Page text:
Tax Relief When Working From Home

 
 

Venturing into the business world on your own is one of those steps in life that brings with it emotions shrouded in ambivalence.  You are left feeling both excited and anxious as you work your way through all the various steps.

According to the Office of National Statistics report released in February this year, there has been an increase in the number of people working from home between 2008, the start of the downturn, and 2012. We now make up 14% of people in the labour force or 1 in 6.

For some home workers whether employed or self-employed, claiming for home working expenses remains a bit of a grey area, unsure of what you can claim for and when, yet it is worth looking into this if it means that you can claim some money back for using your home space as an office. 

If this is you, do read on and see which home expenditures you are allowed to claim for then speak to your accountant about it if need be.  It is important to note here that there is a difference in what you can claim for depending on your status i.e. if you are an employee home worker or if you are self-employed.

The first thing to understand is that your expenses fall into two categories, fixed costs and running costs.

If you are self-employedthere are certain costs you can claim and HMRC (our modern day tax collectors) allow a flat rate of £4 per week.  If you feel that your claim is currently higher than this then you would need to let them know and be able to show them why this is so.   The allowable costs that you can claim in your accounts are those that are incurred entirely and solely for the purpose of your business. 

Fixed costs relate to those household expenses that are incurred whether you run your business from home or not and these include:

  • Council Tax

  • Rent

  • Mortgage interest,

  • Water rates

  • Insurance

  • General repairs

As a self-employed worker, If you find that you use part of your home solely for business and for a specific period, the living room for instance between 9:30 – 5:30, then this means that part of the costs incurred during this time and for this space is allowable as during this specified time, your living room was an office space.  So simply put, you can claim part of the fixed costs that relate to the space used and for the length of time it’s occupied for business.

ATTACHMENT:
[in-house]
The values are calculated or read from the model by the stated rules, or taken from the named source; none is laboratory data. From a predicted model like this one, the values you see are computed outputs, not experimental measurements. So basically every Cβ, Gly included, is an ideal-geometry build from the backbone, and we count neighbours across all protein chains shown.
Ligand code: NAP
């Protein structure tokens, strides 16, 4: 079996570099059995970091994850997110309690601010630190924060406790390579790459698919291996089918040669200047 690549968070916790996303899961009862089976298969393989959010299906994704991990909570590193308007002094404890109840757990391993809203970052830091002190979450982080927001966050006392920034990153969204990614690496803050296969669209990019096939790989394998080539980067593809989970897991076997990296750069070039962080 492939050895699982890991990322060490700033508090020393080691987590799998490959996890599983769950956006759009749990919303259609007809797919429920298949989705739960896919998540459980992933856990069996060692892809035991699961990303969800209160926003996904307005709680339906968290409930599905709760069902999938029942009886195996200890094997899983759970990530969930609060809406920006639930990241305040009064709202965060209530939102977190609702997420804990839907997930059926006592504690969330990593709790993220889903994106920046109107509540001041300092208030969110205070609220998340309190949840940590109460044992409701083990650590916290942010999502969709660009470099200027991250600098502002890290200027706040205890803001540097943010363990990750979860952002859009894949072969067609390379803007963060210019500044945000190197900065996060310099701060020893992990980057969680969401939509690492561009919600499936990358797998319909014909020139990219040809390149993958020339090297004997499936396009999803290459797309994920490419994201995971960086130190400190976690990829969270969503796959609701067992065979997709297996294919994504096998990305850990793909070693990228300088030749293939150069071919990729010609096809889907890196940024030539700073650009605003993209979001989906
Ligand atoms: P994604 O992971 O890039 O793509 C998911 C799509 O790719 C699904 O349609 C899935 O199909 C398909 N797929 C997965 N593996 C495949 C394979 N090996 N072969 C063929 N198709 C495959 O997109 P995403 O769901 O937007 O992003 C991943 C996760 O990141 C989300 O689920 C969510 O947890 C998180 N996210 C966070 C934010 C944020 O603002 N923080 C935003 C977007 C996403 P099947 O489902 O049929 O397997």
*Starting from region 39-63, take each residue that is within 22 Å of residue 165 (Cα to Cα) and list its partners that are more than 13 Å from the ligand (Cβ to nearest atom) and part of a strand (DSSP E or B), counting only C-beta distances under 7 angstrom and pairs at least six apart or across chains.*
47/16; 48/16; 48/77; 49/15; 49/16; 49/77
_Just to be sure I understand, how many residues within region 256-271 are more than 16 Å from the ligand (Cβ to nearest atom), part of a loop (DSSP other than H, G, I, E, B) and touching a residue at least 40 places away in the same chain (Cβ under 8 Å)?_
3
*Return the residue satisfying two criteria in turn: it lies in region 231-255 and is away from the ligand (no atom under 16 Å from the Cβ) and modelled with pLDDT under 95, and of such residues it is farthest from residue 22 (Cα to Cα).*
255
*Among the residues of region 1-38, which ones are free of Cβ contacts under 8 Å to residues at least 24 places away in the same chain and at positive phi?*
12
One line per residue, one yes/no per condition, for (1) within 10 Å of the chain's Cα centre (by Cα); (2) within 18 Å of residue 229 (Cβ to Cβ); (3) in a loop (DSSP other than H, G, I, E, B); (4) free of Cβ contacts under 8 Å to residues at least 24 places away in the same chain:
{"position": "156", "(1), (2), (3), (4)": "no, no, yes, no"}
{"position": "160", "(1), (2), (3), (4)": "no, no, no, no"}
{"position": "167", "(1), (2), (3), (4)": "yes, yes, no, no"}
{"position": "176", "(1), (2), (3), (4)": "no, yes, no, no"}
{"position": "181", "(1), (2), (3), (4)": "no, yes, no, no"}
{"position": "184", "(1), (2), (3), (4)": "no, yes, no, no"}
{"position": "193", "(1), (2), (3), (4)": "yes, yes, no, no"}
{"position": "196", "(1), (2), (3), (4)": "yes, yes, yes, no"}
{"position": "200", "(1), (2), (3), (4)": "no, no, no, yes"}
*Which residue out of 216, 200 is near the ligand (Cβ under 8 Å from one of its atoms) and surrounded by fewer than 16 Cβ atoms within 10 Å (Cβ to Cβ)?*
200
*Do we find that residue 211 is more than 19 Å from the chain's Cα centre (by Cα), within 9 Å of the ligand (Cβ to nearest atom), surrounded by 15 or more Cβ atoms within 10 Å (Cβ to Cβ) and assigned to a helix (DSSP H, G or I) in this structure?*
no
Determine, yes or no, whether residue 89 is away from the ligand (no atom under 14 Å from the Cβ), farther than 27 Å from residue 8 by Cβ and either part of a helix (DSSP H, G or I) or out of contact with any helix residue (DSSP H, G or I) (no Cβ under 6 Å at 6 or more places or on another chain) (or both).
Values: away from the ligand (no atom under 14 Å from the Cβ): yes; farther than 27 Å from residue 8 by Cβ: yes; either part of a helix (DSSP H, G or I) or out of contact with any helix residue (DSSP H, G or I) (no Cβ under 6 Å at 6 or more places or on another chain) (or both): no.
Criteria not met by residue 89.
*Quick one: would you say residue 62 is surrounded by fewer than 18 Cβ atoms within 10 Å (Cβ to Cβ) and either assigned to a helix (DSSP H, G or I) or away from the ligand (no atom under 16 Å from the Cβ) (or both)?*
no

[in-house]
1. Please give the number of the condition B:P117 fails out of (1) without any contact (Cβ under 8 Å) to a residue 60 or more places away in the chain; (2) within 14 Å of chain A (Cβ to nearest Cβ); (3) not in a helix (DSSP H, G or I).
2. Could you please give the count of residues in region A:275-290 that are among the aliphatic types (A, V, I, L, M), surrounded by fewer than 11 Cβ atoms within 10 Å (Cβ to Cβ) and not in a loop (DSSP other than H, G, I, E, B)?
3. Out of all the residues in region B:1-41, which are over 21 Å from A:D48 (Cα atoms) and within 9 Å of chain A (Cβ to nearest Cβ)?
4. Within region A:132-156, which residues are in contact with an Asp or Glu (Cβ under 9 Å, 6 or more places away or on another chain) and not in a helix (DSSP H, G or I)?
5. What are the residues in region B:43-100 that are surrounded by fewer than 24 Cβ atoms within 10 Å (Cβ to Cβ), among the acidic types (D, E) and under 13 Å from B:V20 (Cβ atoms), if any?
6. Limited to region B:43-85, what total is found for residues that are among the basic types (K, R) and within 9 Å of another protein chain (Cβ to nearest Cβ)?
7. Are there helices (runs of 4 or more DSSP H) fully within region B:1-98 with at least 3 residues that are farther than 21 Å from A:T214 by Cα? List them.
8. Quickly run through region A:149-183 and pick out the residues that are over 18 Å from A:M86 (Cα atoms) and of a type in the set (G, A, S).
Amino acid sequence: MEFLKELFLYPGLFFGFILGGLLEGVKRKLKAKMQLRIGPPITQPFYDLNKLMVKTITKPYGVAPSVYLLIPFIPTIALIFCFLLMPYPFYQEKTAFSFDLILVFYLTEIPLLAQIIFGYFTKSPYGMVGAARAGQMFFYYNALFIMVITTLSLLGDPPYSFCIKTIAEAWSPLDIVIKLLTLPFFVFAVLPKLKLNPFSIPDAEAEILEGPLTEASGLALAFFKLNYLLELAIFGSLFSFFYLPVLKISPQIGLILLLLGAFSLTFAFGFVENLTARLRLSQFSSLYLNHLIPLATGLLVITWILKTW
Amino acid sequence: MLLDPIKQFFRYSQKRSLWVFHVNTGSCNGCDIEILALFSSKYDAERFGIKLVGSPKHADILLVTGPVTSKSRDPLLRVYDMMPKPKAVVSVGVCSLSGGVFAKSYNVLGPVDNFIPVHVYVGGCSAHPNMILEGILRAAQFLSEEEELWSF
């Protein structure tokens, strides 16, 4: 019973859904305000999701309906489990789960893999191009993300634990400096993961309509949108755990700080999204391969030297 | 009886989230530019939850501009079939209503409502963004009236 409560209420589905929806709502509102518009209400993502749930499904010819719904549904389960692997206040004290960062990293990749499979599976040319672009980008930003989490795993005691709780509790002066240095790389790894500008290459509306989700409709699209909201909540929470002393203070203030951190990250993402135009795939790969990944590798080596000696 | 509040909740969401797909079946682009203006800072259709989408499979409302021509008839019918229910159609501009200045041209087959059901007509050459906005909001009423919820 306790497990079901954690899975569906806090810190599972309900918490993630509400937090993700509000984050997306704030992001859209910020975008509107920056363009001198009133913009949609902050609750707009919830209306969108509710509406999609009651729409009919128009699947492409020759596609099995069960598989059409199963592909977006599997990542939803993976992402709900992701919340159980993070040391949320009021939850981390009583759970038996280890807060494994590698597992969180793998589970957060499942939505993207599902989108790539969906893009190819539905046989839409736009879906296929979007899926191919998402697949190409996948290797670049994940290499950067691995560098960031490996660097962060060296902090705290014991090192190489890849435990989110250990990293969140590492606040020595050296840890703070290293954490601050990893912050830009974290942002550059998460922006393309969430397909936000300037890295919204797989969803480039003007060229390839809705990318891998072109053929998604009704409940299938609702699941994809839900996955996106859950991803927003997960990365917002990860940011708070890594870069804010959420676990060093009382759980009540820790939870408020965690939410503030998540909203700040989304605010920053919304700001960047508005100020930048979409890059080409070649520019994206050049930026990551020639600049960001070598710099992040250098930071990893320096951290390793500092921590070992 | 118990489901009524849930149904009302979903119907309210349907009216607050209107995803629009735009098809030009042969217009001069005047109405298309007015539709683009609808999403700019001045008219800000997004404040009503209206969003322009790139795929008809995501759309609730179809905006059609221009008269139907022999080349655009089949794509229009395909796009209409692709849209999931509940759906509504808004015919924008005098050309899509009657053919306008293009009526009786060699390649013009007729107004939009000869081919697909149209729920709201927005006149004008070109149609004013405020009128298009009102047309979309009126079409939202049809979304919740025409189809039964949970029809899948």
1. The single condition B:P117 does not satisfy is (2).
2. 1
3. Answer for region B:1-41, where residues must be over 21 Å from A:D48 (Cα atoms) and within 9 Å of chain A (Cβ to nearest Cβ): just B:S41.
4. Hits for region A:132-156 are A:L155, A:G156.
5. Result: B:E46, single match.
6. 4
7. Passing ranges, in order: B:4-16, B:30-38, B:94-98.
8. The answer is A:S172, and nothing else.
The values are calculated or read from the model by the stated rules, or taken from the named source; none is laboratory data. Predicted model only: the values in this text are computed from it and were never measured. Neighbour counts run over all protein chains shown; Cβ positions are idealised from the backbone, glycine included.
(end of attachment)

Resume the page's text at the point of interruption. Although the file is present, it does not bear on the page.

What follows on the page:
Running costs on the other hand, refer to those expenses where the total bill may vary from time to time depending on the amount of business use.  These include:

  • Cleaning

  • Heating

  • Light

  • Metered water

If, let’s say, you use one small room in your home as an office and this room represents 5% of your home’s floor area, and say your electricity bill for heating and lighting is £300, then your claim will be £15 which is 5% of the total.

As an employee working from home, the only claims you can make are those that are incurred by working from your house e.g. the increase in energy and water where metered, as well as any telephone calls made solely for the purpose of your employment.  You cannot however, claim for line rental nor part of your mortgage as a self-employed person would, as these are considered fixed costs, i.e. those that you would have had to pay whether or not you work from home. 

If for some reason you haven’t explored what options you have in terms of tax relief as a self-employed worker, please do speak with your accountant about it or go to the HMRC website page on tax relief for household expenses when working from home - http://www.hmrc.gov.uk/incometax/relief-household.htm.  It will give you information on other aspects including how much relief you can get as well as tell you if you are eligible or not.

If you are an employee or director working from home and would like to find out more, do visit this site - http://www.hmrc.gov.uk/incometax/how-to-get.htm.  There you will find additional information including how to go about getting allowances and reliefs.